Six reasons to collect Chiho Aoshima:
1. Influenced by anime and manga cartoons, Chiho Aoshima stands apart from her peers through her exploration of the dark currents lying beneath Japanese pop imagery. She presents nature at odds with man, girls at odds with traditional gender roles, and visions of renewal after the apocalypse.
2. Not formally trained in art, Aoshima graduated from the Department of Economics at Hosei University before going to work for the artist Takashi Murakami, who eventually made her a member of his Kaikai Kiki collective, which includes artists like KAWS, Virgil Abloh, Mark Grotjahn, and Mr.
3. Aoshima was included in the Walker Art Center exhibition “Superflat” (2001)—an exhibition organized by Murakami to define a movement influenced by manga and anime. “Superflat,” which is also the name of the movement, refers to the flattened forms in Japanese graphic art, pop culture, and animation, as well as the “shallow emptiness of Japanese consumer culture.”
4. Aoshima has created public art installations and murals all over the world, from the Union Square subway station in New York to London’s Gloucester Road Tube station. She was invited to participate in the 54th Carnegie International at Carnegie Museum of Art, Pittsburgh, where she unveiled her largest wallpaper piece, measuring 106 feet in length by 15 feet in height, in 2004.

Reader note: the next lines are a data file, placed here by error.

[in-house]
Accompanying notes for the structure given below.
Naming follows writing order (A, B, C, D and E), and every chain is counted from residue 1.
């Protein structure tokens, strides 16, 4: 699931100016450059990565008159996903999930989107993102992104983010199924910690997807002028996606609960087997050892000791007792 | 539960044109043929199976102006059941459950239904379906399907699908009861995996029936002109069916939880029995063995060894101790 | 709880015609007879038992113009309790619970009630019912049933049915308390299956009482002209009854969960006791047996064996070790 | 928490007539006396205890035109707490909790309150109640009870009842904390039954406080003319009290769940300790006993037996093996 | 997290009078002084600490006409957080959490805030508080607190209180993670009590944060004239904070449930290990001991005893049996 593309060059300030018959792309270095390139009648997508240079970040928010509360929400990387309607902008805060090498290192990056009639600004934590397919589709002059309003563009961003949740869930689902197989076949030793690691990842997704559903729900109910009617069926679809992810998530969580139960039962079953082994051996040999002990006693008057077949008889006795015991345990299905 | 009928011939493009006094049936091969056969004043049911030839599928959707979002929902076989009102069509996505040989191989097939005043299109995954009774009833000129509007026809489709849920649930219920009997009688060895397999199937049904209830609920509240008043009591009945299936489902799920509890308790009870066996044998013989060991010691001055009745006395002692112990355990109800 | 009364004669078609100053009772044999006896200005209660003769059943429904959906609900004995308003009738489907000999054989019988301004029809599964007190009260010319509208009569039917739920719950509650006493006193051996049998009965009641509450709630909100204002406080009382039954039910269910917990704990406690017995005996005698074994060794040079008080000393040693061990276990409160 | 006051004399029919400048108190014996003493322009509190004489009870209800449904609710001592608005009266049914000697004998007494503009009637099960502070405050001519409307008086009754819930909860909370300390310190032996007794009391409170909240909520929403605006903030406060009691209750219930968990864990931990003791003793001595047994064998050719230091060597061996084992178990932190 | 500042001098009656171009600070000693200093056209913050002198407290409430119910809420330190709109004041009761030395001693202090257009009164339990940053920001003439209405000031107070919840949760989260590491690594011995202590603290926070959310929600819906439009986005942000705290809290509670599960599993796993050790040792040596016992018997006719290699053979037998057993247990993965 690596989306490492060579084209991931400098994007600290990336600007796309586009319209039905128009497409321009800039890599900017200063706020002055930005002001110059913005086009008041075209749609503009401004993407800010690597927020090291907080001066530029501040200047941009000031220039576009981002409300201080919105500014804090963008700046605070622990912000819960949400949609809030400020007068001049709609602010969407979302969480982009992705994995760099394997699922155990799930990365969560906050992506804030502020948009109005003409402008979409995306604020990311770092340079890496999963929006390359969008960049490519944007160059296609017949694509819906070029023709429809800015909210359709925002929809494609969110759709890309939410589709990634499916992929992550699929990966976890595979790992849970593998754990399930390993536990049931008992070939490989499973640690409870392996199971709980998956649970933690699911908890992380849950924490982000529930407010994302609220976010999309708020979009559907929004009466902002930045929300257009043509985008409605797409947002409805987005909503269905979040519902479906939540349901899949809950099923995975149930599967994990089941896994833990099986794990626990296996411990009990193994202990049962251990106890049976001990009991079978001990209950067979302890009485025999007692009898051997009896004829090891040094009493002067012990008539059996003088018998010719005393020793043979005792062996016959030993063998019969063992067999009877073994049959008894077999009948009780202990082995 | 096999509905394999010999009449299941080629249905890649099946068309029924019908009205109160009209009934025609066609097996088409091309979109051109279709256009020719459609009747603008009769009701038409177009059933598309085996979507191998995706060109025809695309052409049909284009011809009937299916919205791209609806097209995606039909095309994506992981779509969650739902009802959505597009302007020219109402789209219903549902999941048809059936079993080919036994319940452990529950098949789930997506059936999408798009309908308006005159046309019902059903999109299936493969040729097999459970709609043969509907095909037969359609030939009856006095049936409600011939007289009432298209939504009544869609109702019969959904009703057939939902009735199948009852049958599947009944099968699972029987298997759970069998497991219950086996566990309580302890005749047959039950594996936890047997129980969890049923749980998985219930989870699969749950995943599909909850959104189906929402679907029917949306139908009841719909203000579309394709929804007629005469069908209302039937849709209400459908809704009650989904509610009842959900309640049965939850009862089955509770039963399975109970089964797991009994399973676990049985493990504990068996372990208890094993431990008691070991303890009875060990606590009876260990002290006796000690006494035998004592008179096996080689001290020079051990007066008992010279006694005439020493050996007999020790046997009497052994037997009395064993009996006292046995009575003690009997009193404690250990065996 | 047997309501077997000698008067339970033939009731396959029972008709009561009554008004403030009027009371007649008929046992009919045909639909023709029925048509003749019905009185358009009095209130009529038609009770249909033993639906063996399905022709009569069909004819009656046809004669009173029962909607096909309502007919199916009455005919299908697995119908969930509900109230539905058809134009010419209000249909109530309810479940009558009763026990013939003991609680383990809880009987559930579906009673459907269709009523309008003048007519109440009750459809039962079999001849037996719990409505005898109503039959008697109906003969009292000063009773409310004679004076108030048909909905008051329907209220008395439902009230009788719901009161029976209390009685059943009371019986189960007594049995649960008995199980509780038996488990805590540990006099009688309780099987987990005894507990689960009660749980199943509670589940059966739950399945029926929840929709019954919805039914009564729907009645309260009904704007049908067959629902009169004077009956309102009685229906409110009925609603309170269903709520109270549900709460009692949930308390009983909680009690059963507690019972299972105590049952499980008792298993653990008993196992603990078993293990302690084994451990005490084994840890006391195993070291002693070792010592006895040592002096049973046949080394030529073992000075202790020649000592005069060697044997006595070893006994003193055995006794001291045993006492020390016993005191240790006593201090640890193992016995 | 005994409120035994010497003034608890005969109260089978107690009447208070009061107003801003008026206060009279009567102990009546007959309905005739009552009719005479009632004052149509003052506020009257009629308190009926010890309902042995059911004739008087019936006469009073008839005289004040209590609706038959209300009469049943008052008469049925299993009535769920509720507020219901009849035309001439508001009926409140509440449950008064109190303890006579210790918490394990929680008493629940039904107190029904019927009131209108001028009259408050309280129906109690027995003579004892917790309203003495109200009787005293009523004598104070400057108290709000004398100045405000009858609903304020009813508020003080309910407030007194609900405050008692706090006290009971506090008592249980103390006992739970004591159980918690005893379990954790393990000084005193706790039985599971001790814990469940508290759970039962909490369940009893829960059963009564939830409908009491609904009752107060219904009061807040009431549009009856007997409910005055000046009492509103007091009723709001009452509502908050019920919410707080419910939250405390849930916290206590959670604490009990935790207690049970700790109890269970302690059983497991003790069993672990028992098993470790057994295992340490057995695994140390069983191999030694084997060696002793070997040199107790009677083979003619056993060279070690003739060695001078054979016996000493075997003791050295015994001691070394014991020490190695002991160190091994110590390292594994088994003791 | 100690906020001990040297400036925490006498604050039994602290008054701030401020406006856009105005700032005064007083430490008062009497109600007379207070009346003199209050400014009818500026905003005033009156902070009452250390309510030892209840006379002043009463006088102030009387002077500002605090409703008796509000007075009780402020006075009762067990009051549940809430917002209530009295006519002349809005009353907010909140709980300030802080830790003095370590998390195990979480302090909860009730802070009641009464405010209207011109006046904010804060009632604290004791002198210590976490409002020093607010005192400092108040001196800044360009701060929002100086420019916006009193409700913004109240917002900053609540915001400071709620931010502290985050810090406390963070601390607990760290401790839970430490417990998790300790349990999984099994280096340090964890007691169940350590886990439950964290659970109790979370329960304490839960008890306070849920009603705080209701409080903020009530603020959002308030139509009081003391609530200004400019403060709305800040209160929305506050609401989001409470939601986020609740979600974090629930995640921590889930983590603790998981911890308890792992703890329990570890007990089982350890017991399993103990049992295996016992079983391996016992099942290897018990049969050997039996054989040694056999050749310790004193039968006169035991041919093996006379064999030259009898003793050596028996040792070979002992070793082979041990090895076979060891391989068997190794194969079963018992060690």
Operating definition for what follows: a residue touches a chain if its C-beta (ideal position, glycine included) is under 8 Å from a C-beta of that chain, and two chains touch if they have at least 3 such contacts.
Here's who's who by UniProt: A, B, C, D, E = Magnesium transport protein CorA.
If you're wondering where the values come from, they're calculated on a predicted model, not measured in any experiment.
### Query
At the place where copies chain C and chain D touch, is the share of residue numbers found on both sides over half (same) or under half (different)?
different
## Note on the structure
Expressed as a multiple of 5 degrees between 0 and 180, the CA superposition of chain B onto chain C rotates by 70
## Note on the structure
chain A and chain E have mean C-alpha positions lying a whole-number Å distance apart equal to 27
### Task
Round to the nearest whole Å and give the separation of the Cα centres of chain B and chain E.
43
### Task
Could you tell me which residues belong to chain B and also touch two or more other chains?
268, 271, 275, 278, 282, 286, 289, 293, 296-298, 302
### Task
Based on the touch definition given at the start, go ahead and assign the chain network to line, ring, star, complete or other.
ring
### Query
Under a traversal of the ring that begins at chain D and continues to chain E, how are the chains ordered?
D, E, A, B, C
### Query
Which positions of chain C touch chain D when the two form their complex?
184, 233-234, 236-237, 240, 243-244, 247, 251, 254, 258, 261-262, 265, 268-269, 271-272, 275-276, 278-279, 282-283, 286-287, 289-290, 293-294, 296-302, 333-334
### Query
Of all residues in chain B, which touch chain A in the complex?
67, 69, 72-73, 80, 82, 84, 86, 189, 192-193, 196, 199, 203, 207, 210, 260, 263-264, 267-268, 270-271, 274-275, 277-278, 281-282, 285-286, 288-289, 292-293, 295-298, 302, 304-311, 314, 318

5. In 2005, Aoshima collaborated with the New Zealand-based animator Bruce Fergson to create her first animation, City Glow. The five-channel video work—“a mediation on humankind’s strains relationship with nature”—is currently on view at Washington State University until December 14.
6. This signed and numbered print, Japanese Apricot 1, is produced by Kaikai Kiki and is highly representative of the artist’s signature style. Japanese pop art is generally considered a great investment—For $700, collect a stunning artwork from one of the most interesting artists in the Superflat movement!